from each other. Still worse is the indubitable fact that his own judgment varies. What seems to him well-established at one time may a few months later be incredible, not so much because of new facts bearing on the matter, but because his horizon has enlarged or his point of view become fundamentally changed. As long as nature and human judgment are what they are, it is hopeless to look for perfect stability even in as artificial a thing as nomenclature, except by arbitrary decisions adopted by practically unanimous consent. No code can be devised which will meet all the needs of the case, and most zoologists will continue to call a holothurian a holothurian in spite of the codes, until it is arbitrarily agreed to call it something else. I can not see that the proposed substitution of numbers for names would tend to either greater simplicity, intelligibility or stability. The difficulty is not with the names we have given, but with the objects we have named and the judgments which interpret our definitions. Recognizing then these two fundamental difficulties at the very base of systematic work, I venture to suggest a few principles which would, I think, if universally adopted, increase the clarity and stability of our results. They are more or less generally accepted even now, and I claim no originality in setting them forth. I only hope their formulation may lead to more extended recognition. The first one may be expressed thus:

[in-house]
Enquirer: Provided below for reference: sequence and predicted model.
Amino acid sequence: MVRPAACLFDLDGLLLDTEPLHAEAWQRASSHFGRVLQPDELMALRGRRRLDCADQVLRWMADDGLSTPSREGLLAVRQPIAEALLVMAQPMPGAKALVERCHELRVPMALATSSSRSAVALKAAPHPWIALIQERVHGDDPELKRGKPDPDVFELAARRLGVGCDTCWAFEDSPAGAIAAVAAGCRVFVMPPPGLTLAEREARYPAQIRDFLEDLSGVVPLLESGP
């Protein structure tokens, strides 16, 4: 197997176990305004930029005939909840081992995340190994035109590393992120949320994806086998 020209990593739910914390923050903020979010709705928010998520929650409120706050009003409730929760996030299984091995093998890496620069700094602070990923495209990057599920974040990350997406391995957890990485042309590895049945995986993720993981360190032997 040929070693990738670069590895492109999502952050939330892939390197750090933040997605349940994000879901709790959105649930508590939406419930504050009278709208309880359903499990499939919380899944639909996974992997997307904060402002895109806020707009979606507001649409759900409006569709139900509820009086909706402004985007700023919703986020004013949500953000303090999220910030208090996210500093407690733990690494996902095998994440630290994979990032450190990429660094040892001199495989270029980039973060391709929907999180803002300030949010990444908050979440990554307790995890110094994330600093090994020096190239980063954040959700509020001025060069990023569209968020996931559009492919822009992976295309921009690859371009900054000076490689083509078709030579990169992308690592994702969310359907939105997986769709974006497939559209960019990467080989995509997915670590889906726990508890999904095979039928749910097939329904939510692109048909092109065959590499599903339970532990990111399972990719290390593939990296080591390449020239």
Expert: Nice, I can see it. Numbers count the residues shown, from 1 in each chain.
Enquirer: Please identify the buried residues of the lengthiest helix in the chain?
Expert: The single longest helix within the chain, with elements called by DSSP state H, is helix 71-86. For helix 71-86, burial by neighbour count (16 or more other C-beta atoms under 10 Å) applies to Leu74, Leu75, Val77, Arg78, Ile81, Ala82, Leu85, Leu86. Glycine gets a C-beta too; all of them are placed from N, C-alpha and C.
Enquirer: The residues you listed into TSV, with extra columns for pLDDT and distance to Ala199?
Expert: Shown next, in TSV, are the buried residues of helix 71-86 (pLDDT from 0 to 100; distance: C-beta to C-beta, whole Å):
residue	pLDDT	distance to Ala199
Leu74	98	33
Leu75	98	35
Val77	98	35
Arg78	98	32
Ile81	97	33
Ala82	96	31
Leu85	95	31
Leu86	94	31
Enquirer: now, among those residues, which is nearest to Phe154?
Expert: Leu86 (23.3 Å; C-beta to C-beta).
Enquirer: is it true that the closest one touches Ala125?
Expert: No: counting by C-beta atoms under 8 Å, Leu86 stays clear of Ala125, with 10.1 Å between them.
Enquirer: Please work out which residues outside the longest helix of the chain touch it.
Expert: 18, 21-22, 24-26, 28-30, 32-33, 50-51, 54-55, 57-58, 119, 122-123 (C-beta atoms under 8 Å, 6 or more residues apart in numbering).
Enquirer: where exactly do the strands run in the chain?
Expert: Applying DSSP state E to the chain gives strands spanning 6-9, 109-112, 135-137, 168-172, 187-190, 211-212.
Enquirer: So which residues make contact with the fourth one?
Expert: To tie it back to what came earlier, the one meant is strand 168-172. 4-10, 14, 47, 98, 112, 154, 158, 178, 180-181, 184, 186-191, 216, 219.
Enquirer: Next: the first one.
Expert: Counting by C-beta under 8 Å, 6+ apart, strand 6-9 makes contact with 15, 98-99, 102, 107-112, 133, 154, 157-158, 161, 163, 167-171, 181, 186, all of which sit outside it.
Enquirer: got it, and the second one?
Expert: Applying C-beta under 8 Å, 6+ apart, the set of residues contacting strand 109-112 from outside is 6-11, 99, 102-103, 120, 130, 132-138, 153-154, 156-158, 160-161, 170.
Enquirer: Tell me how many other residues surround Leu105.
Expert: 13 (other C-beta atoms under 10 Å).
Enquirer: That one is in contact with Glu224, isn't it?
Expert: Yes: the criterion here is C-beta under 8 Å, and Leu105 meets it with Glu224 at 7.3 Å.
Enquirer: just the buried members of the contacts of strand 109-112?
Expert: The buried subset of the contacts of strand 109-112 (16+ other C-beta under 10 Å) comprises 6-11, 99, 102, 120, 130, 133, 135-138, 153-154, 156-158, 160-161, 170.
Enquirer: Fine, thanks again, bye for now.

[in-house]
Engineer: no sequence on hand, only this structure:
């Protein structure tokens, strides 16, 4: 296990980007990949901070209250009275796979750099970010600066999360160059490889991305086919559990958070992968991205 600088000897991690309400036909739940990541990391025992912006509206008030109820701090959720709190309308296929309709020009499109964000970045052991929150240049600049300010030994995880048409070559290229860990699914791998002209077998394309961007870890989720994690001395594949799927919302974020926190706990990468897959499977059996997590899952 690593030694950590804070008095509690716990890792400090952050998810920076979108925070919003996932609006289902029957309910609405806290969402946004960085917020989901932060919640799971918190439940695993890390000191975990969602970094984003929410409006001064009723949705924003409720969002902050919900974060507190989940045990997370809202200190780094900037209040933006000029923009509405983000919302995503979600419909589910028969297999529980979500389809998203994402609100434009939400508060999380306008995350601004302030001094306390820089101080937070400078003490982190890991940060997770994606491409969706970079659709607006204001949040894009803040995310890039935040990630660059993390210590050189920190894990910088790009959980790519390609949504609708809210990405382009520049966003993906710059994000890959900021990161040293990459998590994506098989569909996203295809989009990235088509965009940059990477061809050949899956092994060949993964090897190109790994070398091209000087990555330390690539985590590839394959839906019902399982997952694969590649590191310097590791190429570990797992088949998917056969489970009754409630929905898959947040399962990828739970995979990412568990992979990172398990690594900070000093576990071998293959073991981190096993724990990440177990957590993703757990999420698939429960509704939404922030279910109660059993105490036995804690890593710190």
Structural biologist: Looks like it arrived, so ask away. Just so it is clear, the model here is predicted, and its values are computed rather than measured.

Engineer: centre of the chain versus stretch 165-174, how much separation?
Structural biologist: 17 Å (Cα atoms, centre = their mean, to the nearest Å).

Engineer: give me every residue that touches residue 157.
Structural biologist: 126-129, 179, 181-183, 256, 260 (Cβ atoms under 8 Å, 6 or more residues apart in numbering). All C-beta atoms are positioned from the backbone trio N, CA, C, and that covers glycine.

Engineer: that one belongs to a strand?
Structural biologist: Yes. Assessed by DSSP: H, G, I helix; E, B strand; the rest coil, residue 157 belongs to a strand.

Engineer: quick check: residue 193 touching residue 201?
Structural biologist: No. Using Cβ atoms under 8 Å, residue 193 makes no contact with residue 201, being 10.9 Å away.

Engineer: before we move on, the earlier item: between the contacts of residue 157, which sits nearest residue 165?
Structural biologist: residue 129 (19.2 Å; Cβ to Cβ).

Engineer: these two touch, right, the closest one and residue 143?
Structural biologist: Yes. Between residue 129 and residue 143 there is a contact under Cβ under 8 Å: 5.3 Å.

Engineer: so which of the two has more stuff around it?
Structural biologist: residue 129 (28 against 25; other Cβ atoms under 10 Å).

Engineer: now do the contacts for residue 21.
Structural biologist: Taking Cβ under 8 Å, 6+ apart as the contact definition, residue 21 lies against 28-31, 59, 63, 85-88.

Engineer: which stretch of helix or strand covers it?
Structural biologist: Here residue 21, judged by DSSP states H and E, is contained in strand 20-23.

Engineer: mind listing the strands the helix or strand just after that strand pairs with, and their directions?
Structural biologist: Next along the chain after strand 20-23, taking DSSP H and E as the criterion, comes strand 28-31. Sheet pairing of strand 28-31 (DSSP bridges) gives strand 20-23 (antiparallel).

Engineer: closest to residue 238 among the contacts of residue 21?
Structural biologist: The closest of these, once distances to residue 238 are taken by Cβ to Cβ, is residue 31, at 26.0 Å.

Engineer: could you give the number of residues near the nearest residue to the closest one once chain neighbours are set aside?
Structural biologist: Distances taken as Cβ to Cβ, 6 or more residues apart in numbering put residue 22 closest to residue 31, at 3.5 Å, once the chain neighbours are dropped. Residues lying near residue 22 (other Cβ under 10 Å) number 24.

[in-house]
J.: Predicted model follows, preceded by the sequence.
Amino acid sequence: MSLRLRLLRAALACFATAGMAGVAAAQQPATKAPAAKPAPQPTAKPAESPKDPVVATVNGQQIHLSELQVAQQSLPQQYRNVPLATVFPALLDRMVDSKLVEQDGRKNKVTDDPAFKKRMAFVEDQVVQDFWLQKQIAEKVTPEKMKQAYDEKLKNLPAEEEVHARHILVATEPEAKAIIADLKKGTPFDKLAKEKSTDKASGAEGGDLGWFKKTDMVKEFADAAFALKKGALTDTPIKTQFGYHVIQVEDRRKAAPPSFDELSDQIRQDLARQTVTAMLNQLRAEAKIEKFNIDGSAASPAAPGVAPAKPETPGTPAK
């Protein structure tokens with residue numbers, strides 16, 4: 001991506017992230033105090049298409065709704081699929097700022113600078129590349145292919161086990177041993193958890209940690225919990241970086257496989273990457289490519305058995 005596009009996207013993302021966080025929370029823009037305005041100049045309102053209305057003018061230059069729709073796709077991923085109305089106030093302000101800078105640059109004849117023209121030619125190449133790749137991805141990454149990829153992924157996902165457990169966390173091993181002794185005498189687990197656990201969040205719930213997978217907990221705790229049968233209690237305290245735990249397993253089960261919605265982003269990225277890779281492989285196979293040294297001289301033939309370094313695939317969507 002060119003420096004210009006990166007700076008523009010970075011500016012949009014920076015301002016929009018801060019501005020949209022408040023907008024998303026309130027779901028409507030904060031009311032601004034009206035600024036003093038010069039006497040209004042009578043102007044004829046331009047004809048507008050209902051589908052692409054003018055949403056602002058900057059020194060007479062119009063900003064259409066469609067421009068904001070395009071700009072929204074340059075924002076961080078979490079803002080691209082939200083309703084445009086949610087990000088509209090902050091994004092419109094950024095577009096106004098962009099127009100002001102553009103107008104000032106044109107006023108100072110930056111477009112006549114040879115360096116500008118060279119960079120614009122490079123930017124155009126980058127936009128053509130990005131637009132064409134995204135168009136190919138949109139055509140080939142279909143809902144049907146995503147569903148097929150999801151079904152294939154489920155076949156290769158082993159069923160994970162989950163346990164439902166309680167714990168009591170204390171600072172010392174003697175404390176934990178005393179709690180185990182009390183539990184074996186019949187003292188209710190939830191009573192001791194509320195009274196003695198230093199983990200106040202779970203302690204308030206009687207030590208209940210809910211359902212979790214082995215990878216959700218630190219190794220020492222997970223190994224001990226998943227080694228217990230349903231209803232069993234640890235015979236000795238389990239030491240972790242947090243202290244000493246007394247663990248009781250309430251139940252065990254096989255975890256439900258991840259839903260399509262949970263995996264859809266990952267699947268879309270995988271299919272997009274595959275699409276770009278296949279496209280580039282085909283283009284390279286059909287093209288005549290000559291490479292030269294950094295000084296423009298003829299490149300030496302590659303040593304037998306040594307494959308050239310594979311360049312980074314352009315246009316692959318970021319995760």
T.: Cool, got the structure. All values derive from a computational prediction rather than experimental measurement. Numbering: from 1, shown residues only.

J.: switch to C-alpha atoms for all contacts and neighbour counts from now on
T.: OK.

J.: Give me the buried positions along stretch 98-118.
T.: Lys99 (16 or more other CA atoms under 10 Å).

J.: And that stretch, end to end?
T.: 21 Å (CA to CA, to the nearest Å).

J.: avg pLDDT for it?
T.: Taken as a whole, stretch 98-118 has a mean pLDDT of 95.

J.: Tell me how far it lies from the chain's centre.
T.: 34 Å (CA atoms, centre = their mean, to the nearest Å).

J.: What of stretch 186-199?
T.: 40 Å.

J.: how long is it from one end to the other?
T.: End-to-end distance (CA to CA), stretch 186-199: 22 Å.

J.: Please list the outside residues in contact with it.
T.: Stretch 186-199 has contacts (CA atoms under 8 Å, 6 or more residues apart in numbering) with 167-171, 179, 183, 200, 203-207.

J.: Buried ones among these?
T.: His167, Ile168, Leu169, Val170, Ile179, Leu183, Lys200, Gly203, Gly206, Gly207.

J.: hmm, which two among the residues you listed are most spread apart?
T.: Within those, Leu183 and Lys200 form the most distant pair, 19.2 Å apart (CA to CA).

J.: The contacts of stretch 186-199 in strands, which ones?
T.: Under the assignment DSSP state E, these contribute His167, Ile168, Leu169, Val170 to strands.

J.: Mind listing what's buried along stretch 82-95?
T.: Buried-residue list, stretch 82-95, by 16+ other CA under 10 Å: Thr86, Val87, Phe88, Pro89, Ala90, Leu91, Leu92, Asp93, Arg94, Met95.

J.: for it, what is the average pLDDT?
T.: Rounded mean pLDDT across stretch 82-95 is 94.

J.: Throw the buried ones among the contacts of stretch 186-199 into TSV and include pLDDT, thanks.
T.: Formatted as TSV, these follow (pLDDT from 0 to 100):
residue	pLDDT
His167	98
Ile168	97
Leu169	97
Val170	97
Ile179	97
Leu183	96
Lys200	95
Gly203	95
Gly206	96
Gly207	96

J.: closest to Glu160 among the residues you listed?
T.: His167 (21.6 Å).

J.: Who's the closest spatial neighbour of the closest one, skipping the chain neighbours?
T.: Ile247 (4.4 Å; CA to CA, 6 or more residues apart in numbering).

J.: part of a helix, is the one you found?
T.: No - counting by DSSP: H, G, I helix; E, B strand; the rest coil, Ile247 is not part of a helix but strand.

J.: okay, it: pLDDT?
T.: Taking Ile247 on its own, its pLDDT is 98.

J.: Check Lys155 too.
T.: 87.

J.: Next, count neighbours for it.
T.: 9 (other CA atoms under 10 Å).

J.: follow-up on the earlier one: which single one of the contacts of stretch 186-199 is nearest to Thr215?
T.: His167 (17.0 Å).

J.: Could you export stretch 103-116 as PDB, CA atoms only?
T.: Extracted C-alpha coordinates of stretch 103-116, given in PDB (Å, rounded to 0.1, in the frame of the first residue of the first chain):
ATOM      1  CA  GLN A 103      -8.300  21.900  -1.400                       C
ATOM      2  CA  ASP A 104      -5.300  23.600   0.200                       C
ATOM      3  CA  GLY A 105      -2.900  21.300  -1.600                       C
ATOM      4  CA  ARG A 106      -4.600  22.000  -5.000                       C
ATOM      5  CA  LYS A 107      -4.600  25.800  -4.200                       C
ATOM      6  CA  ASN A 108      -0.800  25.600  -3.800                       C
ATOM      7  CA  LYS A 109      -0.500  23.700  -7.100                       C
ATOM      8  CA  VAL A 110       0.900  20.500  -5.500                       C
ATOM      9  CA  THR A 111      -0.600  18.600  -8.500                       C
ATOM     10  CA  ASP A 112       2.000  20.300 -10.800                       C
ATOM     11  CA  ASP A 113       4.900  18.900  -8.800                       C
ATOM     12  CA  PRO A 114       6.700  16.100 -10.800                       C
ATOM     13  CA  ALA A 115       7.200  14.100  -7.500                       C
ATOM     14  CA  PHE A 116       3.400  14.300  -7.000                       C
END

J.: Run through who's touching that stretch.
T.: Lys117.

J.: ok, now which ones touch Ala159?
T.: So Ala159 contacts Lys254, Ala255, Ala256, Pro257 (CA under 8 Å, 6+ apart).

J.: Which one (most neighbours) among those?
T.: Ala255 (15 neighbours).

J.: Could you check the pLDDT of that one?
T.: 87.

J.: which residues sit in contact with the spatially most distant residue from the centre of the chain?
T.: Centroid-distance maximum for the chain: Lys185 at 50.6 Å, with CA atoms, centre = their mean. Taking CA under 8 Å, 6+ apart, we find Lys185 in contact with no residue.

Naming and describing new species and correcting nomenclatural errors, while valuable and indeed essential, is frankly the most elementary and hence the lowest form of zoology.
The zoologist who, like myself, enjoys collections and finds an unceasing interest in the diversity of animal forms, very easily overlooks this principle, though he will rarely question it when fairly stated. He will grant that after all, names are but handles by which the ever-increasing number of animal units may be shifted and turned and made use of in zoological building, and he will probably admit that the handle is not so important as the unit. It would be well if we went further and acted on the principle that the smoother a handle is and the more perfectly it is adapted to its object, the better and more usable it is. A clumsy name or a meaningless name or a name that has no natural and inherent association with the object is not a desirable name, for it is not a well-formed handle. This is why, in my judgment, the use of the names of persons for zoological units is to be deplored. They rarely have any inherent association with the object, and after a short time they have no significance whatever. Any one looking at the animal can see why a certain oddly shaped sand-dollar was called Rotula dentata, but how many of us know who Rumphius was that the same animal should have been called by another writer Rotula rumphii? The use of place-names has more justification, especially for insular or local forms, but it has led to many meaningless or misleading names